Data Analysis

In this section we describe the different online searches looking for GW signals, the selection and vetting of candidates, and parameter estimation analysis.

When multiple candidates from different pipelines are close enough together in time, they will be considered as originating from the same physical event and will be grouped into a single superevent. See the following pages for technical details.

The timeline for distribution of alerts is described below.

Alert Timeline

Here, we describe the sequence of LIGO/Virgo/KAGRA alerts for a single event that will be distributed through the Gamma-ray Coordinates Network (GCN) via notices and circulars (see the Alert Contents and Sample Code sections for details).

(Source code)

Timeline for sending gravitational-wave alerts

Within 1–10 minutes after GW trigger time, the first and second preliminary notices will be sent fully autonomously. The trigger will be immediately and publicly visible in the GraceDB database. Since the procedure is fully automatic, some preliminary alerts may be retracted after human inspection for data quality, instrumental conditions, and pipeline behavior.

Within 24 hours after the GW trigger time (possibly within 4 hours for BNS or NSBH sources), the Initial or Retraction notice and circular will be distributed. It will include an updated sky localization and source classification. At this stage, the event will have been vetted by human instrument scientists and analysts. The candidate will either be confirmed by an Initial notice and circular or withdrawn by a Retraction notice and circular if the data quality is unsuitable.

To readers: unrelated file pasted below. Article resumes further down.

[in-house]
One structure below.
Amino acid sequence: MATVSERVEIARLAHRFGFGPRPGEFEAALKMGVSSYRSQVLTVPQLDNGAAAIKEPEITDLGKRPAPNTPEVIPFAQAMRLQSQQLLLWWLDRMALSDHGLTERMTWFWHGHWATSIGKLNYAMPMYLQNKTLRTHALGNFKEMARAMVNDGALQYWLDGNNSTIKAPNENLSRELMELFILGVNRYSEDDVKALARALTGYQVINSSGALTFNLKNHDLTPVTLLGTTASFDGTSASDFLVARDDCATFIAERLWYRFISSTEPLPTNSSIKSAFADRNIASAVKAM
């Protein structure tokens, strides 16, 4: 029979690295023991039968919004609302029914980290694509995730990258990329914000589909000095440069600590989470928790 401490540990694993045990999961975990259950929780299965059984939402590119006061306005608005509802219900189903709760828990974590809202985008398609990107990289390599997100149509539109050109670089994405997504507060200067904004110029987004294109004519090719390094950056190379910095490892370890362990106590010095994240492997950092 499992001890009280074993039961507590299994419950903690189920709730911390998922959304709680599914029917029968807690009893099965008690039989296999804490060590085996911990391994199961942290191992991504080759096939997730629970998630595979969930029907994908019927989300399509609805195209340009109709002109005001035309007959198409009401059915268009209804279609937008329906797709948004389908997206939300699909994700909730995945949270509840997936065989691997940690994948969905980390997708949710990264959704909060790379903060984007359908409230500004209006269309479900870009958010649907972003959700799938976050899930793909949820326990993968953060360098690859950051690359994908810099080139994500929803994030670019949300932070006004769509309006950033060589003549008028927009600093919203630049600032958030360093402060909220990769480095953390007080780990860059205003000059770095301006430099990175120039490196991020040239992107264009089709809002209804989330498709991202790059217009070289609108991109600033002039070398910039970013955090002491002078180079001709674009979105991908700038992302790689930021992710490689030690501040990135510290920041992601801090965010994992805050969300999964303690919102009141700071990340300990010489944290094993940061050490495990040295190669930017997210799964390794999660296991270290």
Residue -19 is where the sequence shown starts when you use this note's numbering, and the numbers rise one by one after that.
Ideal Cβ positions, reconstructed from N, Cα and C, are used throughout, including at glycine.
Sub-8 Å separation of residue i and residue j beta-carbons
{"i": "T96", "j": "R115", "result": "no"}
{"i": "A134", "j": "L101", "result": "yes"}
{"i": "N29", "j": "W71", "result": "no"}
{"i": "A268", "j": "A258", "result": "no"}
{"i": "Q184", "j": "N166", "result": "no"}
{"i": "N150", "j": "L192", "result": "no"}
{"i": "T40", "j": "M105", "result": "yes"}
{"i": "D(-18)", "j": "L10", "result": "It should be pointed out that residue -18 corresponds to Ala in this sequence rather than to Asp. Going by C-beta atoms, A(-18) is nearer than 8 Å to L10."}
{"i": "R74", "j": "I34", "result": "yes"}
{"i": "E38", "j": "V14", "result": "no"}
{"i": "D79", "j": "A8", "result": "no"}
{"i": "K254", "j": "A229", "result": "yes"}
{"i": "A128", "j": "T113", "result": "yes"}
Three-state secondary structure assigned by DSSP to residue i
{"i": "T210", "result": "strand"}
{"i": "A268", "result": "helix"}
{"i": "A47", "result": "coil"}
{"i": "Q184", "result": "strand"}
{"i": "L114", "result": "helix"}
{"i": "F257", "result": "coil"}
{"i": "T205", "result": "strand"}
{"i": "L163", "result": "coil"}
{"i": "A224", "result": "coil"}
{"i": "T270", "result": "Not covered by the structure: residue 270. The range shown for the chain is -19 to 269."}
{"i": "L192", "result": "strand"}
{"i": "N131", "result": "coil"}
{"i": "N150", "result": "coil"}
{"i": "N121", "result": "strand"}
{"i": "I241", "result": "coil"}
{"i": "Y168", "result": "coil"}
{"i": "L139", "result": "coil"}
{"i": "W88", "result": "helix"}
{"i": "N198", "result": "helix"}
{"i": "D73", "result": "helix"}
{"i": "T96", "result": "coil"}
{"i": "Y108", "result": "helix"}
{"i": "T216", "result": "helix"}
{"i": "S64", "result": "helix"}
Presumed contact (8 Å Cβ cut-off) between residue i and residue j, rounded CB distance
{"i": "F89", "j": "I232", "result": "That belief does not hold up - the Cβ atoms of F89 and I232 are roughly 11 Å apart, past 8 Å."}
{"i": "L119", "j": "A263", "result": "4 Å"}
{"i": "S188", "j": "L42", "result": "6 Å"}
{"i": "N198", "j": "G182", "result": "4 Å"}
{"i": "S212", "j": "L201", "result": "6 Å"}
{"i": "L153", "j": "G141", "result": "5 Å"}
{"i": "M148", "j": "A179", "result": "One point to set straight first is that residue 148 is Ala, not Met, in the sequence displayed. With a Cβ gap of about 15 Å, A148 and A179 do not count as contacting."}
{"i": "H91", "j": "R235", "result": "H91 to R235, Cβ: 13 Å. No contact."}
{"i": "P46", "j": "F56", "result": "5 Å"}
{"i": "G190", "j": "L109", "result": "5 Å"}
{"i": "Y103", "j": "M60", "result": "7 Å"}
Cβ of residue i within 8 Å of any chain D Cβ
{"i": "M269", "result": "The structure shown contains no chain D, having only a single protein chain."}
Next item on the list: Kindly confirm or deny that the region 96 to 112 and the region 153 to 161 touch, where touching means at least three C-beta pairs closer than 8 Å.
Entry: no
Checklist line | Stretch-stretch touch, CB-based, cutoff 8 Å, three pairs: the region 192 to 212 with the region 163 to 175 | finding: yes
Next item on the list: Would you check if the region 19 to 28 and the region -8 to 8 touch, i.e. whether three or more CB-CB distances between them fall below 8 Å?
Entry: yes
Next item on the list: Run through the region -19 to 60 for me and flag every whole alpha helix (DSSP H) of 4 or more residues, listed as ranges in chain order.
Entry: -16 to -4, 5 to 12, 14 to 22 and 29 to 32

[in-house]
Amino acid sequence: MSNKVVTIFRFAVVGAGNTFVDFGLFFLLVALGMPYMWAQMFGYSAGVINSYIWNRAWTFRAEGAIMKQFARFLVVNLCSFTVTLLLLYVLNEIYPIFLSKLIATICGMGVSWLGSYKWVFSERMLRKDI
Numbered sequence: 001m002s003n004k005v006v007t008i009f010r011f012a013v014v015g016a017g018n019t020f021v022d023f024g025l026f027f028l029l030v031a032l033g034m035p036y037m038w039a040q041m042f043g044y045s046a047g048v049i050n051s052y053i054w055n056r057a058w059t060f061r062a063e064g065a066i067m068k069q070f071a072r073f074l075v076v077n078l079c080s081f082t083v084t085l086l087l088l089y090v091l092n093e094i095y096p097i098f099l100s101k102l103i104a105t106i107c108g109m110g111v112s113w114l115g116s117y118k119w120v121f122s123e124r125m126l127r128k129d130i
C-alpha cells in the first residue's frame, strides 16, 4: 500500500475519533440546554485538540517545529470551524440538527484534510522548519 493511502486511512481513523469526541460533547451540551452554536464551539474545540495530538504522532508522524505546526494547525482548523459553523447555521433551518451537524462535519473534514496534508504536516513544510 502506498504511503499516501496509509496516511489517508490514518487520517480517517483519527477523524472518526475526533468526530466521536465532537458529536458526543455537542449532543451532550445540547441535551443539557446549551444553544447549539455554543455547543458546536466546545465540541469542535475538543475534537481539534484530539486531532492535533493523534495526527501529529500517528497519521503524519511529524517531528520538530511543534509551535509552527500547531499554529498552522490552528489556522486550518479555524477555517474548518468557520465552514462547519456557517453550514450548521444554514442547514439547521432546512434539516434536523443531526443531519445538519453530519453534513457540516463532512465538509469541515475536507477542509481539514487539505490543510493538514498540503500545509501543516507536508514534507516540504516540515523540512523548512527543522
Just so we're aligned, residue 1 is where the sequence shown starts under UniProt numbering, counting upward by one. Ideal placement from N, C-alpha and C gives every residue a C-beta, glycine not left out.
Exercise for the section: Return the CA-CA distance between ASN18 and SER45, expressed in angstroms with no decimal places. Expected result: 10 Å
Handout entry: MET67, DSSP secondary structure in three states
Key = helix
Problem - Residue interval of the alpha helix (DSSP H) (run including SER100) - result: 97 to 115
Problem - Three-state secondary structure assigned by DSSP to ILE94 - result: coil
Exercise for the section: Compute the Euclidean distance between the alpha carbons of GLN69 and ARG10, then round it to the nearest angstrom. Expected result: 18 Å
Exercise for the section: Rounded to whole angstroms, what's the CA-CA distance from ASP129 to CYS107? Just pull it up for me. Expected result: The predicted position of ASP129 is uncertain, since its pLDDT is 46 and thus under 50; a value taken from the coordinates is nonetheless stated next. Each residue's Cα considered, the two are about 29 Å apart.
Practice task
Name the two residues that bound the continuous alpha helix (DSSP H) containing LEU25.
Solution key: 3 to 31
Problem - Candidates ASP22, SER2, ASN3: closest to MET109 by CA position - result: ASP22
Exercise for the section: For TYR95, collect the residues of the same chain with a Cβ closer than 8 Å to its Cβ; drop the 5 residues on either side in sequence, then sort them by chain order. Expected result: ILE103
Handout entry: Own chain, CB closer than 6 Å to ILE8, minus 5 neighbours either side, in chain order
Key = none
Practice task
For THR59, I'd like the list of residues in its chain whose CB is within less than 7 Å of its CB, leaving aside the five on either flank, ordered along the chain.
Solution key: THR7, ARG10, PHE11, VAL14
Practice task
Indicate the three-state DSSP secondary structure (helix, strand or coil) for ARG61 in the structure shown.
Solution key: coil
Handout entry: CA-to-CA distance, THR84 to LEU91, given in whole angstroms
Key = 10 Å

Within a day, black hole mergers will be fully vetted by experts and retraction or confirmation status will be reported.

Update notice and circulars are sent whenever the sky localization area or significance accuracy improves (e.g. as a result of improved calibration, glitch removal, or computationally deeper parameter estimation). Updates will be sent up until the position is determined more accurately by public announcement of an unambiguous counterpart. At that point, there will be no further sky localization updates until the publication of the event in a peer-reviewed journal.

At any time, we can promote an extraordinary candidate that does not pass our public alert thresholds if it is compellingly associated with a multimessenger signal (e.g. GRB, core-collapse SN). In this case, Initial notices and circulars will be distributed.

Alert Threshold

Automated preliminary alerts are sent for all events that pass a false alarm rate (FAR) threshold. The FAR threshold is \(3.8 \times 10^{-8}\) Hz (one per 10 months) for CBC searches and is \(7.9 \times 10^{-9}\) (one per 4 years) for unmodeled burst searches. Since there are 4 independent CBC searches and 3 independent burst searches, as well as a coincidence search RAVEN that looks at the results from both the aforementioned CBC and burst searches, the effective rate of false alarms for CBC sources is \(1.9 \times 10^{-7}\) Hz (one per 2 months), and for unmodeled bursts is \(3.2 \times 10^{-8}\) Hz (one per year).